Pathological vs Functional Ranges
While standard medical laboratories utilize pathological ranges to analyze the results of your blood work, responsible doctors analyze the results by comparing them against functional ranges which are typically narrower. This allows us to find “sub-clinical” functional imbalances which may be causing symptoms even though there is no “pathology.” Typically, functional ranges are better indicators of a person’s current state of health.
The functional ranges were developed by the American Association of Clinical Chemists (AACC) and are based on a sample of healthy individuals. Utilizing functional ranges to analyze your blood test results allows us to find functional abnormalities before pathology results. Often, these “sub-clinical” abnormalities can be reversed through dietary and nutritional therapies, stress reduction, other lifestyle modifications and natural remedies can bring your body back into balance before you reach a pathological state, while simultaneously avoiding most pharmaceutical interventions.
Basically, a pathological range is used to diagnose disease. A functional range is used to assess risk for disease before disease develops. Unless you have already been diagnosed with a disease, using functional ranges gives you a more accurate picture of your overall health. Furthermore, using functional ranges when analyzing blood chemistry will not lead to a false diagnosis of health just because they are not sick enough. It is more dangerous to believe you are healthy when you are not than to be told you are sick when you are not. If you receive a false-positive diagnosis, further testing should clear up the misdiagnosis. However, a sick person that was told he was healthy may not have further tests to validate the original analysis.
Most health care providers believe that care should only be provided when disease is present. This view is generally formed from conventional medical training which ignores the philosophies of preventative medicine and nutrition. Healthcare providers that practice preventive medicine are those most inclined to consult patients when their levels register outside of the functional range. If biomarkers can be managed before they fall within the pathological range, preventive medicine can be practiced. Traditional healthcare providers usually do not embrace the concept of a functional range. Practitioners who embrace the importance of functional ranges usually are also concerned about diet, nutrition and lifestyle changes.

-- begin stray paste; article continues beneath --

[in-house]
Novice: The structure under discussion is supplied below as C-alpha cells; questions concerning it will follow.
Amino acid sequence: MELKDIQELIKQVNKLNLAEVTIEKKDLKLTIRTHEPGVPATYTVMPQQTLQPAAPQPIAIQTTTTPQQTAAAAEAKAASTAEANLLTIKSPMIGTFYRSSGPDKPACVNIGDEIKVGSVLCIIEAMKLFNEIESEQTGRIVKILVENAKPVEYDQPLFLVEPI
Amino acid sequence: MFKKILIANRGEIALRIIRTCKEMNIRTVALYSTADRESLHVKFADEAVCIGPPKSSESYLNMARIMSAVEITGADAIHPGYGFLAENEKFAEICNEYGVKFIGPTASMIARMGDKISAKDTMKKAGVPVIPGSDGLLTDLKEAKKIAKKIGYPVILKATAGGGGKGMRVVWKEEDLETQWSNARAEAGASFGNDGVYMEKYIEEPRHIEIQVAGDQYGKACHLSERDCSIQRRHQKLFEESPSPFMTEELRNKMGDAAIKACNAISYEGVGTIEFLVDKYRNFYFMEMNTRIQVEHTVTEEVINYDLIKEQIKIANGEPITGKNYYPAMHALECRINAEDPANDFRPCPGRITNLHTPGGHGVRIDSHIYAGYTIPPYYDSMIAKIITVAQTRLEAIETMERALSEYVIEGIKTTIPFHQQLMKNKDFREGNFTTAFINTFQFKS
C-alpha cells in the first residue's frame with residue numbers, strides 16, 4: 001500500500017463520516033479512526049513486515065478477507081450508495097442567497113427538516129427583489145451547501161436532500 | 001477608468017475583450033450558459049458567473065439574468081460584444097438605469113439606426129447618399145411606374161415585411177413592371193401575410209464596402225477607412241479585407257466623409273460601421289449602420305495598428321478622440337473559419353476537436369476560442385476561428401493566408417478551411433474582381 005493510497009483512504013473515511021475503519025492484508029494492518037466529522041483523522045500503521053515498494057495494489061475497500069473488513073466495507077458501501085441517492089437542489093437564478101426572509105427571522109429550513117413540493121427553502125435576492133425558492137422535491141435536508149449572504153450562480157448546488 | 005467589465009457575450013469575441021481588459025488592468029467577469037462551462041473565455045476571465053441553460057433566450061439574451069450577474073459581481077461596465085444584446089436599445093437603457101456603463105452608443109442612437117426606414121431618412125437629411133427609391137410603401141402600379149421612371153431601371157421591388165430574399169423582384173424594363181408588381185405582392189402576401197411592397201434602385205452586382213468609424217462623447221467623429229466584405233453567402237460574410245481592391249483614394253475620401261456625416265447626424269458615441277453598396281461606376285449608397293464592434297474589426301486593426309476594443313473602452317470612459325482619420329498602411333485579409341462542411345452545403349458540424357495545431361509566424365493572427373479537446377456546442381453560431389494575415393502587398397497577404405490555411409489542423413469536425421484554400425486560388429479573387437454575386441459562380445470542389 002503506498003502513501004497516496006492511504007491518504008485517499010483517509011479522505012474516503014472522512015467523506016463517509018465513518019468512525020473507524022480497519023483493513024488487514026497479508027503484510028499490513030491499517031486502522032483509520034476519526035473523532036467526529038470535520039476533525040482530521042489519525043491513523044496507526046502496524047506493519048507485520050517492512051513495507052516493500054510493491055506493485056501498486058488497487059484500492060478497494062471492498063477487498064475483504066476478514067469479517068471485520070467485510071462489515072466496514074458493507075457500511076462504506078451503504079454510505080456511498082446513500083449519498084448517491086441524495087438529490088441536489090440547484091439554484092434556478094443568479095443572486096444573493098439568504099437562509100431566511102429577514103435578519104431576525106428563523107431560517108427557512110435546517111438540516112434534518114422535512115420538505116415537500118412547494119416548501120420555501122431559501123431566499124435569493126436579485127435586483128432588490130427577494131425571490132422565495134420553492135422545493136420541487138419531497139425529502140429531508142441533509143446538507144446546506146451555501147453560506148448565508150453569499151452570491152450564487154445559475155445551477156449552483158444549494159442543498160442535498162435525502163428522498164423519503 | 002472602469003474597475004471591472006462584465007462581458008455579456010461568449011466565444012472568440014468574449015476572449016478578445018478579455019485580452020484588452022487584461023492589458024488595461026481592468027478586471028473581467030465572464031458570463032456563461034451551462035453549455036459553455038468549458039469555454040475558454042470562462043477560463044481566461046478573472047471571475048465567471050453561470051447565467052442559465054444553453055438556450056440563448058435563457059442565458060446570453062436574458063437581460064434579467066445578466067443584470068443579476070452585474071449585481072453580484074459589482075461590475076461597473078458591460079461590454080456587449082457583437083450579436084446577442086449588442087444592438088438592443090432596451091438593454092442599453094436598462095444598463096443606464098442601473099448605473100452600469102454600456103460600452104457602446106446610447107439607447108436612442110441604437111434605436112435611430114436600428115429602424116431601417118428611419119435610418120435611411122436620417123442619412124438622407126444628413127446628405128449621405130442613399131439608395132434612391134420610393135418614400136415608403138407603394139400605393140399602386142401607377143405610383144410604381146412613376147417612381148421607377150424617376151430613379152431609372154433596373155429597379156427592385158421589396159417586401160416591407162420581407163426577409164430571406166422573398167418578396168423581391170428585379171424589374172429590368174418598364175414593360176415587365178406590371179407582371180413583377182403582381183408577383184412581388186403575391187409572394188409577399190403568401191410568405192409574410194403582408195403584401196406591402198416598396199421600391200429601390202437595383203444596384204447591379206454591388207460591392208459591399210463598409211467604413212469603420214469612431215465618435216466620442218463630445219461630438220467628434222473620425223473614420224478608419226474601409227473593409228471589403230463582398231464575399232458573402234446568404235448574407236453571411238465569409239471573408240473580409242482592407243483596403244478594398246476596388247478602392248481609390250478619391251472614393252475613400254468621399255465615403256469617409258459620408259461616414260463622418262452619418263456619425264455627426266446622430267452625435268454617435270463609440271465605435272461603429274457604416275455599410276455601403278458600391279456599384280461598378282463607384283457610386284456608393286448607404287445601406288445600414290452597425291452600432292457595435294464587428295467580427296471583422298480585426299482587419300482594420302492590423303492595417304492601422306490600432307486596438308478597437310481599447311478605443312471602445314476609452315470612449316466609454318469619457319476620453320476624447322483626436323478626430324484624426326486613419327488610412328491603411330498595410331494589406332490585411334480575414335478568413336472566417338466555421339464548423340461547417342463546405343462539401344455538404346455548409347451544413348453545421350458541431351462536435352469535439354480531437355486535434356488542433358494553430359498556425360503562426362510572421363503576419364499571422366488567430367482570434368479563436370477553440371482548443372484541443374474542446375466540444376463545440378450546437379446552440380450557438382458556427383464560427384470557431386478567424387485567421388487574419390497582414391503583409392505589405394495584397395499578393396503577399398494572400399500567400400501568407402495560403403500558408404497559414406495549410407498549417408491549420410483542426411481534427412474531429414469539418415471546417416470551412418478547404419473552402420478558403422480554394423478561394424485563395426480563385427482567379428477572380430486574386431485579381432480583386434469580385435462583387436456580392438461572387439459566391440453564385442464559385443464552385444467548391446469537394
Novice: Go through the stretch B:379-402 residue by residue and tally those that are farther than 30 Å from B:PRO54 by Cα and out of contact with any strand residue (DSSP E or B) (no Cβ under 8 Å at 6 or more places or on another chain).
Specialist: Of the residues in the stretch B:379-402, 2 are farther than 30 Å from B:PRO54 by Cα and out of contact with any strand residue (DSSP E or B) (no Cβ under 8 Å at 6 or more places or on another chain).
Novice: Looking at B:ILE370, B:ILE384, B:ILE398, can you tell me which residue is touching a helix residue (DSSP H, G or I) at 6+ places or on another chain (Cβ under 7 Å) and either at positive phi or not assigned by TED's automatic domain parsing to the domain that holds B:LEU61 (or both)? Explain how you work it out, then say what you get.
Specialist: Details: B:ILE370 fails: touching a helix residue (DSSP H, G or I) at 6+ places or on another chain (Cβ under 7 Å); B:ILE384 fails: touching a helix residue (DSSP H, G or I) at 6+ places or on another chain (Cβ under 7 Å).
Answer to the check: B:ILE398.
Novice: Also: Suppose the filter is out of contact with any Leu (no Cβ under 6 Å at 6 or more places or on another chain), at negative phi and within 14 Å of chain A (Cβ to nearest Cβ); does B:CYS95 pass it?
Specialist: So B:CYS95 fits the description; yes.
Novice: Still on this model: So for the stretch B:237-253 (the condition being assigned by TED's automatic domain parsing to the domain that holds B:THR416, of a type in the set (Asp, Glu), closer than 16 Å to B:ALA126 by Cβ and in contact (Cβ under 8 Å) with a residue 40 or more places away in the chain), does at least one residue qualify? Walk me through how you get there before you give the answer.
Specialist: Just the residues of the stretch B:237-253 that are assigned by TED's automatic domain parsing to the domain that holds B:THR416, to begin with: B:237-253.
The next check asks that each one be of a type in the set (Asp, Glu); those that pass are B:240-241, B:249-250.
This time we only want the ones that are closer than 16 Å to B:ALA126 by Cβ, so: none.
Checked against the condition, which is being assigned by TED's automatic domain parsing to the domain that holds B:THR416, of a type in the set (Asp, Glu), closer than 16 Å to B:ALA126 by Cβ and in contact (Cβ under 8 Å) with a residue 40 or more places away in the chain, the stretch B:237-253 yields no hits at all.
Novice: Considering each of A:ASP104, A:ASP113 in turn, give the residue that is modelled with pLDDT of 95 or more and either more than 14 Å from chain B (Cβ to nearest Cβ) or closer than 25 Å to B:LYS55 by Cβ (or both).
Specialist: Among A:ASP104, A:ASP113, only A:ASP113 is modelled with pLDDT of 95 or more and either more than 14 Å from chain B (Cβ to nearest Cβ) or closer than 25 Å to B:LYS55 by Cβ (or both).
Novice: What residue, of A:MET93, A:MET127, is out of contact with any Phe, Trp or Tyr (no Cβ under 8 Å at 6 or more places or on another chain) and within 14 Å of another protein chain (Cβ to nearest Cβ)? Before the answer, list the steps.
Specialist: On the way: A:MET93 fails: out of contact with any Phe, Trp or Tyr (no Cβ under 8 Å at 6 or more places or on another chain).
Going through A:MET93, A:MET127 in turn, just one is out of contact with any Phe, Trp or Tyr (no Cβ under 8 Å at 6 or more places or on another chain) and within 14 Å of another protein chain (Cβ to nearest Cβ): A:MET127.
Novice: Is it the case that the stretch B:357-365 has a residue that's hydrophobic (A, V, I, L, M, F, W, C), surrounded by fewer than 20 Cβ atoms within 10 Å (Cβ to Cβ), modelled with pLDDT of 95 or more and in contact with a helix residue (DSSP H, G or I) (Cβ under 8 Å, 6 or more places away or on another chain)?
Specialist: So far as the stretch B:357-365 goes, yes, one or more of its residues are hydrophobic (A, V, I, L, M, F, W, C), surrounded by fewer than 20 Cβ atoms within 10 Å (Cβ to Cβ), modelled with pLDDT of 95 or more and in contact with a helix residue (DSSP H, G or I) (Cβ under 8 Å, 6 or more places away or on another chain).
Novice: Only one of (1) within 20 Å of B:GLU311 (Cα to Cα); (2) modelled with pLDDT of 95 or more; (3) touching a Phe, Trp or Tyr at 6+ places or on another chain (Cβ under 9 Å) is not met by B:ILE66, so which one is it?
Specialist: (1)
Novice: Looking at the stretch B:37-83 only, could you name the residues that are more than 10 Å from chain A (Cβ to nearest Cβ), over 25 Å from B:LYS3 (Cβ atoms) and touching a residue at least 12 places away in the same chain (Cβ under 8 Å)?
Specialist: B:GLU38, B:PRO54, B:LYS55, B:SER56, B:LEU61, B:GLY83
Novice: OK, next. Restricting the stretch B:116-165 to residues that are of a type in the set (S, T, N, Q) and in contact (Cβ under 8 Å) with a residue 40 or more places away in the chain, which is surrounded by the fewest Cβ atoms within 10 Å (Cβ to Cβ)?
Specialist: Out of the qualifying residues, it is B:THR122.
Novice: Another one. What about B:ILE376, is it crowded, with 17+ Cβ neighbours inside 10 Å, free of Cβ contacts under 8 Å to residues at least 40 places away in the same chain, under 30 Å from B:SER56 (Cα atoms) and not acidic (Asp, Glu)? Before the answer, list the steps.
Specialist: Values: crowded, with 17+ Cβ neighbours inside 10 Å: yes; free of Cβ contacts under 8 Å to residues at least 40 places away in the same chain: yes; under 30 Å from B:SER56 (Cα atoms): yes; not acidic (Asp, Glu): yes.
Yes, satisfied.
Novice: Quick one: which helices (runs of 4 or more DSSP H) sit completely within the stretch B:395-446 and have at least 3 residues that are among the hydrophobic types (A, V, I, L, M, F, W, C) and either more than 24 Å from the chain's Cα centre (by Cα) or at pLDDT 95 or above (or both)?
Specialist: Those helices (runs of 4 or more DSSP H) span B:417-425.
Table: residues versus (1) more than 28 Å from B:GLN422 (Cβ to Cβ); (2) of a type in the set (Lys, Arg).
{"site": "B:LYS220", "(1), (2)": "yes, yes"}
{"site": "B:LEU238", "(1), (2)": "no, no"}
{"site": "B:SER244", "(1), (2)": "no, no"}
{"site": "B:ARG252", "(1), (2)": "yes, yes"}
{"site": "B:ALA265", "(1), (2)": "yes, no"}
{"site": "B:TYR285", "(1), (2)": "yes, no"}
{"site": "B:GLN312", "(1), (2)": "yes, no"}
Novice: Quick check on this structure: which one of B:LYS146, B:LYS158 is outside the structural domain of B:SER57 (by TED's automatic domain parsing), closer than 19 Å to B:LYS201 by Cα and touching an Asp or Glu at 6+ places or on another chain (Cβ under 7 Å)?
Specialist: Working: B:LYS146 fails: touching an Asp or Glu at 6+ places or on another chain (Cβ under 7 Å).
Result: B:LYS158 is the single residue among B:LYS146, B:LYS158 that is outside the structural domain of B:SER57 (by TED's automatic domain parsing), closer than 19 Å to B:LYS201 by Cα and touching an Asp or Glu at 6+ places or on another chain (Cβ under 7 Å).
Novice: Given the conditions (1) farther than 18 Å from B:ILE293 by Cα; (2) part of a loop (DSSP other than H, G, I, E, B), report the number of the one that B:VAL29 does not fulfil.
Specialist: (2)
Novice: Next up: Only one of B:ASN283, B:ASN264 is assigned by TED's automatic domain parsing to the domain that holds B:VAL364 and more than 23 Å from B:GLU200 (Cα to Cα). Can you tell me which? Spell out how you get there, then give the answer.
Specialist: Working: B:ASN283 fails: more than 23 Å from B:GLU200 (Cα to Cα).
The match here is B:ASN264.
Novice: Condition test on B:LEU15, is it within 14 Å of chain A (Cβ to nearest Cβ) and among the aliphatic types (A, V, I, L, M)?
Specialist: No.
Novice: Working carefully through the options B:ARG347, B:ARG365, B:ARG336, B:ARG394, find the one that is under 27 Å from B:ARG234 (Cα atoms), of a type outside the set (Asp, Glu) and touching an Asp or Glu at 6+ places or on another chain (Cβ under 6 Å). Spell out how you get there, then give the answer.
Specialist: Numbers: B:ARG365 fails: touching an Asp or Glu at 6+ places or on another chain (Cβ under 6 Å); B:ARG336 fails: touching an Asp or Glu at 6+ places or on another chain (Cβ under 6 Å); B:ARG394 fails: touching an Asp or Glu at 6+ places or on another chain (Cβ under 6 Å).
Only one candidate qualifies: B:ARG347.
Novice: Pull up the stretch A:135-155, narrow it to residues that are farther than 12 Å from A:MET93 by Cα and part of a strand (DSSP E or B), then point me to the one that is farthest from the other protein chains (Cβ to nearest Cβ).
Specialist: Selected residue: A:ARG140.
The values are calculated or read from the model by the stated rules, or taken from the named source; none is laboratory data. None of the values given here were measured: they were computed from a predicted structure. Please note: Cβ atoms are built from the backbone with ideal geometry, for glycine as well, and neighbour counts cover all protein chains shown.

Remember that our approach is the most important aspect of any decision one makes, action one takes, and conclusion one reaches. The approach represents the starting point, and if you start in the wrong direction it will be more difficult to reach the intended goal. Each individual needs to find their own motivation to take up the challenge of lifelong learning that leads to the development of good critical thinking and responsible decision-making. And when it comes to blood test analysis, how you interpret your results may be the single most important aspect of determining our level of wellness. It is essential that each individual educate themselves on the tests and treatments that are offered to them by the medical community.
Remember that it is much easier medically and financially to prevent diseases than to try to cure them.